In This Recovery, the Rich Get Richer

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Since 2009, income growth among the majority of Americans has remained relatively stagnant. But an updated version of economist Emmanuel Saez’s study, “Striking it Richer,” shows that this is not true for the top one percent of Americans.

The study found that since the recovery began in 2009, while the bottom 99 percent of Americans’ incomes have fallen by 0.4 percent since the recovery began in 2009, the top one percent’s incomes have risen by 11.2 percent. So the recovery is only truly a recovery for the wealthiest Americans.

Since the 1970s, the wealthiest one percent increasingly have earned a larger and larger share of America’s income. The recession in the early 2000s and the “Great Recession” starting in 2007 decreased their earnings, but — as the chart below shows — the top one percent still earned more than the next four percent of income earners combined. And since the recovery began in 2009, the top one percent’s incomes have bounced back more than that of any other percentile.

Credit: John Light/, data from “Striking it Richer” by Emmanuel Saez (Jan. 23, 2013)

“The labor market has been creating much more inequality over the last thirty years, with the very top earners capturing a large fraction of macroeconomic productivity gains,” writes Saez, an economist at the University of California, Berkeley. He received the John Bates Clark Medal — an award similar to the Nobel Prize given for economics — in part for his research on income inequality with Thomas Piketty, an economist at the Paris School of Economics.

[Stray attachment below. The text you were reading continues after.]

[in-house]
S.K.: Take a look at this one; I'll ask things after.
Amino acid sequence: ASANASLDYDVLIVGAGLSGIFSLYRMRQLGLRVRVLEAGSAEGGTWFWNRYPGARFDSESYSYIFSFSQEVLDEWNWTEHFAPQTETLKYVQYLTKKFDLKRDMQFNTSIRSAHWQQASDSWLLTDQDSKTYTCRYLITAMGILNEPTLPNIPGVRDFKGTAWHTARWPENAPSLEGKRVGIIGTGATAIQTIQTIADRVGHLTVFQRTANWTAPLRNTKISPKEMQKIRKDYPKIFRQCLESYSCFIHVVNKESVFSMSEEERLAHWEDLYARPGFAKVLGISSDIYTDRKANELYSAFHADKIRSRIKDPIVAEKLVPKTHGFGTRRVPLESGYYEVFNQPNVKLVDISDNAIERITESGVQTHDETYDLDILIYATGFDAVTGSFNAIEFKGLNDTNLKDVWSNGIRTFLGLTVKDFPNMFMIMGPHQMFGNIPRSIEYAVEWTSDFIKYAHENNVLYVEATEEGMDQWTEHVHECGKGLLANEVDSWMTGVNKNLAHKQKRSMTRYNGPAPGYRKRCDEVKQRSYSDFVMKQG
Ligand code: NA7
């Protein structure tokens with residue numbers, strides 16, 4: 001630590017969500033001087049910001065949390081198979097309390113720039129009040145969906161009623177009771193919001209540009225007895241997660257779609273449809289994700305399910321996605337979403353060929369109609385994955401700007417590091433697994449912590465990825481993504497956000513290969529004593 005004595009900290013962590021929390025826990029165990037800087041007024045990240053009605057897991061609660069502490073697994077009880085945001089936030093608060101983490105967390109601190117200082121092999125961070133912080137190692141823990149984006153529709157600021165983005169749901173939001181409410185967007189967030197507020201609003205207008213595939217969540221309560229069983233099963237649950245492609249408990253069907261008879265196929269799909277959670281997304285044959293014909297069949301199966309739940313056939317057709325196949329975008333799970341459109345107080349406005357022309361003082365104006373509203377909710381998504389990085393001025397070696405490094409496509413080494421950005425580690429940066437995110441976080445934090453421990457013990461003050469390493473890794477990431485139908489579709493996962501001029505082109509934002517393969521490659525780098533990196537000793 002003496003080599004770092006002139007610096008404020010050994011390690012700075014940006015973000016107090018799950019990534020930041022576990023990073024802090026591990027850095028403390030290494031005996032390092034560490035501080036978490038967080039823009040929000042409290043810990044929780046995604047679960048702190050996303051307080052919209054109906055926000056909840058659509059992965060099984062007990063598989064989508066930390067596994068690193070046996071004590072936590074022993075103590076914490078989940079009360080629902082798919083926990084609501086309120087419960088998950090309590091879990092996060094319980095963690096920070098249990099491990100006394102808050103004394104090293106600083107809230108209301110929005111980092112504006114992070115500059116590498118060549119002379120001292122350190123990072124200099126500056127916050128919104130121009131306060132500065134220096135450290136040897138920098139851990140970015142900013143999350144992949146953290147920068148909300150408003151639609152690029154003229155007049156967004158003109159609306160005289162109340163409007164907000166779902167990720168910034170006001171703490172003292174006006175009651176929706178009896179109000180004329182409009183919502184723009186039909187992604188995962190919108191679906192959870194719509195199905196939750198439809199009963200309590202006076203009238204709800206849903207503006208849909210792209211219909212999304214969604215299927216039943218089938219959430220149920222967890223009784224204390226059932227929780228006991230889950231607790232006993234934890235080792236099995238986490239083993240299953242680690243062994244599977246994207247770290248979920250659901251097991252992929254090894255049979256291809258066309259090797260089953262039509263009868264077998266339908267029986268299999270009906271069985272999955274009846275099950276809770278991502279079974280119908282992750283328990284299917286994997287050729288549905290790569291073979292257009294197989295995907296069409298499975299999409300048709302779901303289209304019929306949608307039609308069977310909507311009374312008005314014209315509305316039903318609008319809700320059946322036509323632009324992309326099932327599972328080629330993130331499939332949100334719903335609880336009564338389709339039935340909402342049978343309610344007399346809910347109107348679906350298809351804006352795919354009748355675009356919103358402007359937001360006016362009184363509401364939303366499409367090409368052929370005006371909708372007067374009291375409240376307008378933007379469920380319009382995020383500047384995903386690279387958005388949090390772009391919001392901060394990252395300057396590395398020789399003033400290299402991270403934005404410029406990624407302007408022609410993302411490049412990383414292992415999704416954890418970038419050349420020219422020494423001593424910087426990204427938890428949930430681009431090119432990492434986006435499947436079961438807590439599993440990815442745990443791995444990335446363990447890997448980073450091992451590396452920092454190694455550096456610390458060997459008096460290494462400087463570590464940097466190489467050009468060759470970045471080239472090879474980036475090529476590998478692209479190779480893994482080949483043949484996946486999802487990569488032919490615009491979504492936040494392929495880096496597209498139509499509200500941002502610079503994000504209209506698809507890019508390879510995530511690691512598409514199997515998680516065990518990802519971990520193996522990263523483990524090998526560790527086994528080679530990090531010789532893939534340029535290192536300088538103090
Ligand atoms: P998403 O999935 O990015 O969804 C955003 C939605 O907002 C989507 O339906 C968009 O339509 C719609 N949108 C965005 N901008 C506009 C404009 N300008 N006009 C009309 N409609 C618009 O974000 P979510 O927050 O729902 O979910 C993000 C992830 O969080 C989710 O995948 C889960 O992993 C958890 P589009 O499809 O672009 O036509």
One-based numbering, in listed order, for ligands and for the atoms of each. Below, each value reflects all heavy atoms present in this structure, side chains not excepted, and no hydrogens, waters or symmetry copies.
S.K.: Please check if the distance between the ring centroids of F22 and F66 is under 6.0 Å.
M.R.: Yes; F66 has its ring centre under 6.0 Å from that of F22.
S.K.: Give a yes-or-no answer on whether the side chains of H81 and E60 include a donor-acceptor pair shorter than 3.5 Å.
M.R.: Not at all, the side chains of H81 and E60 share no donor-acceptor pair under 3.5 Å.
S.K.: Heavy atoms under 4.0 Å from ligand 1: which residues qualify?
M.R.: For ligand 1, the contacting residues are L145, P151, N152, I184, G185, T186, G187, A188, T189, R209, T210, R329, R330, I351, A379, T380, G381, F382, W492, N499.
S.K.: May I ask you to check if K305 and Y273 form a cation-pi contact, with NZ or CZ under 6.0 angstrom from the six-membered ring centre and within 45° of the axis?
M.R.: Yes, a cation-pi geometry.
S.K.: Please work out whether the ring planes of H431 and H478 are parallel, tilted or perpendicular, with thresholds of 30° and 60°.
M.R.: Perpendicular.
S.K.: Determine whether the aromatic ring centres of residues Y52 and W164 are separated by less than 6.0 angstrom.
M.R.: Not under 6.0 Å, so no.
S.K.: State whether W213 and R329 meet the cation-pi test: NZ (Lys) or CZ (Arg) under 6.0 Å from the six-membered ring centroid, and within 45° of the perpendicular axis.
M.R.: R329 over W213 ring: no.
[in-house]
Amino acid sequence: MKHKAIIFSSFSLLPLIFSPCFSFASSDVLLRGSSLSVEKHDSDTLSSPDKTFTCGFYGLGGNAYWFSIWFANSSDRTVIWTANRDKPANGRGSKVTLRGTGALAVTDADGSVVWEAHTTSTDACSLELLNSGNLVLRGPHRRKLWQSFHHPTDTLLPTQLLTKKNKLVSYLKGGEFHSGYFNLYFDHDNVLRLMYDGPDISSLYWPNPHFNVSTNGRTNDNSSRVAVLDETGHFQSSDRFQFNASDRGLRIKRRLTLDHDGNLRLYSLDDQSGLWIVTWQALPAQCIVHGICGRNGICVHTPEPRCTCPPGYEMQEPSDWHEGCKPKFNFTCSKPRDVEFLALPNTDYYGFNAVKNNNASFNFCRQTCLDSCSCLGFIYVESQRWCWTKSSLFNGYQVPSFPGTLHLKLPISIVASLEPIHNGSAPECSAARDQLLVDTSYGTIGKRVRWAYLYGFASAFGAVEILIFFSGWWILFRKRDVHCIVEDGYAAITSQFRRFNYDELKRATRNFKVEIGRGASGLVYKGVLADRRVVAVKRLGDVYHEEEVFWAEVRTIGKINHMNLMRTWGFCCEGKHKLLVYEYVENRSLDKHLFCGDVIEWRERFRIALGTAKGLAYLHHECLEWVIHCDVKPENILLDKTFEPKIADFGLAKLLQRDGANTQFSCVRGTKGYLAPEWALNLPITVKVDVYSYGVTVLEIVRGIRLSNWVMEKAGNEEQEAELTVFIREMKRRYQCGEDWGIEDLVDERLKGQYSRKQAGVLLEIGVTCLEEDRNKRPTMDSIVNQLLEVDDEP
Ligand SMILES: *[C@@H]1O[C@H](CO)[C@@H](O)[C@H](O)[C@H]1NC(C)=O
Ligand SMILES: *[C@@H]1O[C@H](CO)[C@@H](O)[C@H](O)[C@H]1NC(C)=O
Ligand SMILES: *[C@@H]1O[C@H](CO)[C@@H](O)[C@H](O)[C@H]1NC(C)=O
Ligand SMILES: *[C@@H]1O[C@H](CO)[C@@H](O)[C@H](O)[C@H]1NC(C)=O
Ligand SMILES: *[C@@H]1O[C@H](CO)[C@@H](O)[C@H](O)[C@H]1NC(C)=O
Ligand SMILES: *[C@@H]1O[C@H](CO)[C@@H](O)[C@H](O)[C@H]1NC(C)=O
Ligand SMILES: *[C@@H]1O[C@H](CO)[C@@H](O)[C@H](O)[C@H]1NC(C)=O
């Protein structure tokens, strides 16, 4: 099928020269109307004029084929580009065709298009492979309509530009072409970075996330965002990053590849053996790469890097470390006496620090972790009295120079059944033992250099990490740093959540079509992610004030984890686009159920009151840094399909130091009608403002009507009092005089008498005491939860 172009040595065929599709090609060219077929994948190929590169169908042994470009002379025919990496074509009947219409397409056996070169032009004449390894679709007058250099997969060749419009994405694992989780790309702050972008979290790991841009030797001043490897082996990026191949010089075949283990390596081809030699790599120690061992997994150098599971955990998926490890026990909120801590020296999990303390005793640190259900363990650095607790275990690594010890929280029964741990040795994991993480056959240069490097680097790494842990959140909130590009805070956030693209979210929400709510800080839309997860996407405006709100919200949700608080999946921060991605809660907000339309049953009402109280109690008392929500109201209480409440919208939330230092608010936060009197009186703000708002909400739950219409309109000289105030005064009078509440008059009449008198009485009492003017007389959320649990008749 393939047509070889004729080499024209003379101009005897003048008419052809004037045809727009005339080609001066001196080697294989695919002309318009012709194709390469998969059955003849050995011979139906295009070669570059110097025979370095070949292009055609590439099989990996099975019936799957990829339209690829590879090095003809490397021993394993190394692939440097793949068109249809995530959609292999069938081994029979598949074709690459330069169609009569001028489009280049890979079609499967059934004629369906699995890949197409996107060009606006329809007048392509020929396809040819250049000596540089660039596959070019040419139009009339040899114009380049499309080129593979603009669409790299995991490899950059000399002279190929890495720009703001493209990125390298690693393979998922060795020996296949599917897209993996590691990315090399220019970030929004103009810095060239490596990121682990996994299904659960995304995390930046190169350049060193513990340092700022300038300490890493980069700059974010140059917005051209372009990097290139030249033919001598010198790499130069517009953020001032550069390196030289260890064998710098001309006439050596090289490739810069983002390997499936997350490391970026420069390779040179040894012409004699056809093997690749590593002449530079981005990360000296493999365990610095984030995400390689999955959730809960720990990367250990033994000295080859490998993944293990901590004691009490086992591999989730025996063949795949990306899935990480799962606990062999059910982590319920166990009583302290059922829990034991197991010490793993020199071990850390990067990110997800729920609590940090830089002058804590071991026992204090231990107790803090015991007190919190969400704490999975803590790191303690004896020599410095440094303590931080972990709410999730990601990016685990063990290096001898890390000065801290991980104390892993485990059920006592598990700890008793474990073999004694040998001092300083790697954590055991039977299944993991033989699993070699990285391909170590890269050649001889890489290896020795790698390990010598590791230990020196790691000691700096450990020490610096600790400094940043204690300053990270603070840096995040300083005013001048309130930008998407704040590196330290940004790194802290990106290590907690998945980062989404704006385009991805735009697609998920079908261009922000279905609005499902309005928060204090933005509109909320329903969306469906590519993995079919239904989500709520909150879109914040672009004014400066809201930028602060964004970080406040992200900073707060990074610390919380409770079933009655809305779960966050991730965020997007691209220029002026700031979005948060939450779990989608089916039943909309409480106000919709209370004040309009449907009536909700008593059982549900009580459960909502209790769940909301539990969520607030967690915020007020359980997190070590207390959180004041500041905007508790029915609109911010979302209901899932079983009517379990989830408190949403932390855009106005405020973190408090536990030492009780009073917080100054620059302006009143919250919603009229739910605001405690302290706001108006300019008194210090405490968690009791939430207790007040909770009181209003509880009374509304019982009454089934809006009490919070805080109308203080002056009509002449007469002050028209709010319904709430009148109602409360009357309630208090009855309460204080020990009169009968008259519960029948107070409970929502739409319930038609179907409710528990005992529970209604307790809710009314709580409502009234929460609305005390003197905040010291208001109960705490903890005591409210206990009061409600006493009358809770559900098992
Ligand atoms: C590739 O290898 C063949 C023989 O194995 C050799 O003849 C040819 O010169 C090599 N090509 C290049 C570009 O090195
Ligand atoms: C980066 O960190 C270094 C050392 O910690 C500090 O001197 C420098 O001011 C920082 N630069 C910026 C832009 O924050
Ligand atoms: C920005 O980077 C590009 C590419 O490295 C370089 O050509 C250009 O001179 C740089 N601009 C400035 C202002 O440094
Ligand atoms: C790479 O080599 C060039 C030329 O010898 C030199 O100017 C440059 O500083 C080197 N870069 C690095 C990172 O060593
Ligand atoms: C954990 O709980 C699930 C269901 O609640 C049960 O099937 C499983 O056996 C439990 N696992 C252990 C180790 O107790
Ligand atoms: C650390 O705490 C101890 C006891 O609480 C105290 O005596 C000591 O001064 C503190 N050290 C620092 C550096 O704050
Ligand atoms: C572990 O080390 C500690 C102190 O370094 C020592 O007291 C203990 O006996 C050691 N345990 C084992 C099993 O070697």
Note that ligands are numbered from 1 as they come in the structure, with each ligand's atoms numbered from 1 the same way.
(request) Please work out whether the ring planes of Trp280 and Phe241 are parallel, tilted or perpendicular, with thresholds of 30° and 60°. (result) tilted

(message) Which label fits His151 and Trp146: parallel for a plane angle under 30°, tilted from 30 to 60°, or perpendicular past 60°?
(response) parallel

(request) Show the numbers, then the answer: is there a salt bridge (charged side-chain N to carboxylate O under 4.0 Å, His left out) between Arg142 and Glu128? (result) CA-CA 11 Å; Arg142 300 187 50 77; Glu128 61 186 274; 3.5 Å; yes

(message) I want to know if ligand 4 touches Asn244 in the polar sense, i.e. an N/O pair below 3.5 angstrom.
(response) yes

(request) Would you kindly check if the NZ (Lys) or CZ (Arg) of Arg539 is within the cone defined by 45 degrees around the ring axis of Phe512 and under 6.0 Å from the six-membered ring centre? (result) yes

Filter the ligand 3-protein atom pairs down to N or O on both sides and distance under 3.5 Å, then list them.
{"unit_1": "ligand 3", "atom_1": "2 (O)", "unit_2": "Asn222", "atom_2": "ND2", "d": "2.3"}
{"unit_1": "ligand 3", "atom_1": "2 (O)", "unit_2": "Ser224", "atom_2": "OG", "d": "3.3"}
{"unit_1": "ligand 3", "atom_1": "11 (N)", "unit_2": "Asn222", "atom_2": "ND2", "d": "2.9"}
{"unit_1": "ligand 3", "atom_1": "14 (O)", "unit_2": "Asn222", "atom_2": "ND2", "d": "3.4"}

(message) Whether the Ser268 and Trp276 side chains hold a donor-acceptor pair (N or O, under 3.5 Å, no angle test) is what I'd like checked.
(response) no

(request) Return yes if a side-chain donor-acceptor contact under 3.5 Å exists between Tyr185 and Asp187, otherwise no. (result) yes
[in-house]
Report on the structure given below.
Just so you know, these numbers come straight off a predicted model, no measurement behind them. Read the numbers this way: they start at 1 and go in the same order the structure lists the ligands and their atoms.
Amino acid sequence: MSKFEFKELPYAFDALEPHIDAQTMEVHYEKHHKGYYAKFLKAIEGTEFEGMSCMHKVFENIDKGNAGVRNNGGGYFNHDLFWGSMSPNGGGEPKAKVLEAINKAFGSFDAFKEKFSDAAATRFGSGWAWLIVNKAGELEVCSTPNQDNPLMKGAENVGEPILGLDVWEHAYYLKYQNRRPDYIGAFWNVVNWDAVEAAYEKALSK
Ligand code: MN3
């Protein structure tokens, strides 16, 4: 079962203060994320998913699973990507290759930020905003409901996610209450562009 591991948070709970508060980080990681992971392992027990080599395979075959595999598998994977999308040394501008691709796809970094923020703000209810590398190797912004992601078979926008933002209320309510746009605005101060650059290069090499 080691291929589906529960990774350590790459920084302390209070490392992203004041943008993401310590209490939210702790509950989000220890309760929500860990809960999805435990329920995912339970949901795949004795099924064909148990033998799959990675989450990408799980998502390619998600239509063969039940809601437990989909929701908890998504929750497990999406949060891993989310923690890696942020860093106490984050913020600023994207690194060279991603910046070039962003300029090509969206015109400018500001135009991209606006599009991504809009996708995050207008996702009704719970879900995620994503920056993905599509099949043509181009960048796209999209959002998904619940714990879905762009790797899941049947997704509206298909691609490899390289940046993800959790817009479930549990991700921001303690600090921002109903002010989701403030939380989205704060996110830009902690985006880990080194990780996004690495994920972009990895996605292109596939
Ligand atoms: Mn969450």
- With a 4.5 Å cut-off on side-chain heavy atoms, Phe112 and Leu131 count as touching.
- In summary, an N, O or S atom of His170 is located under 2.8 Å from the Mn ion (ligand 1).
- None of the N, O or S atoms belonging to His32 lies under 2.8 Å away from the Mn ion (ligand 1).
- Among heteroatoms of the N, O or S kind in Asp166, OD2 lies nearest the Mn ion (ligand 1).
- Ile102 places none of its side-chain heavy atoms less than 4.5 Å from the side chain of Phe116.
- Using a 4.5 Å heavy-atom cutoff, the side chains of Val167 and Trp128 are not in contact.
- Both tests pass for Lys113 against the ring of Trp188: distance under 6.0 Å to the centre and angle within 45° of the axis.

Top 1 percent of incomes, real growth Bottom 99 percent of incomes, real growth
Clinton Expansion
(1993 – 2000)
98.7 percent 20.3 percent
2001 Recession
-30.8 percent -6.5 percent
Bush Expansion
61.8 percent 6.8 percent
Great Recession
-36.3 percent -11.6 percent
11.2 percent -0.4 percent

Income inequality falls during recessions, but typically bounces strongly back again. After the Great Depression and during World War II, Saez writes, a number of factors kept income concentration from growing, “such as progressive tax policies, powerful unions, corporate provision of health and retirement benefits and changing social norms regarding pay equality.” But this time, the same factors aren’t in place.

Saez writes, “The policy changes that are taking place coming out of the Great Recession (financial regulation and top tax rate increase in 2013) are not negligible but they are modest relative to the policy changes that took place coming out of the Great Depression. Therefore, it seems unlikely that US income concentration will fall much in the coming years.

“We need to decide as a society whether this increase in income inequality is efficient and acceptable and, if not, what mix of institutional and tax reforms should be developed to counter it.”

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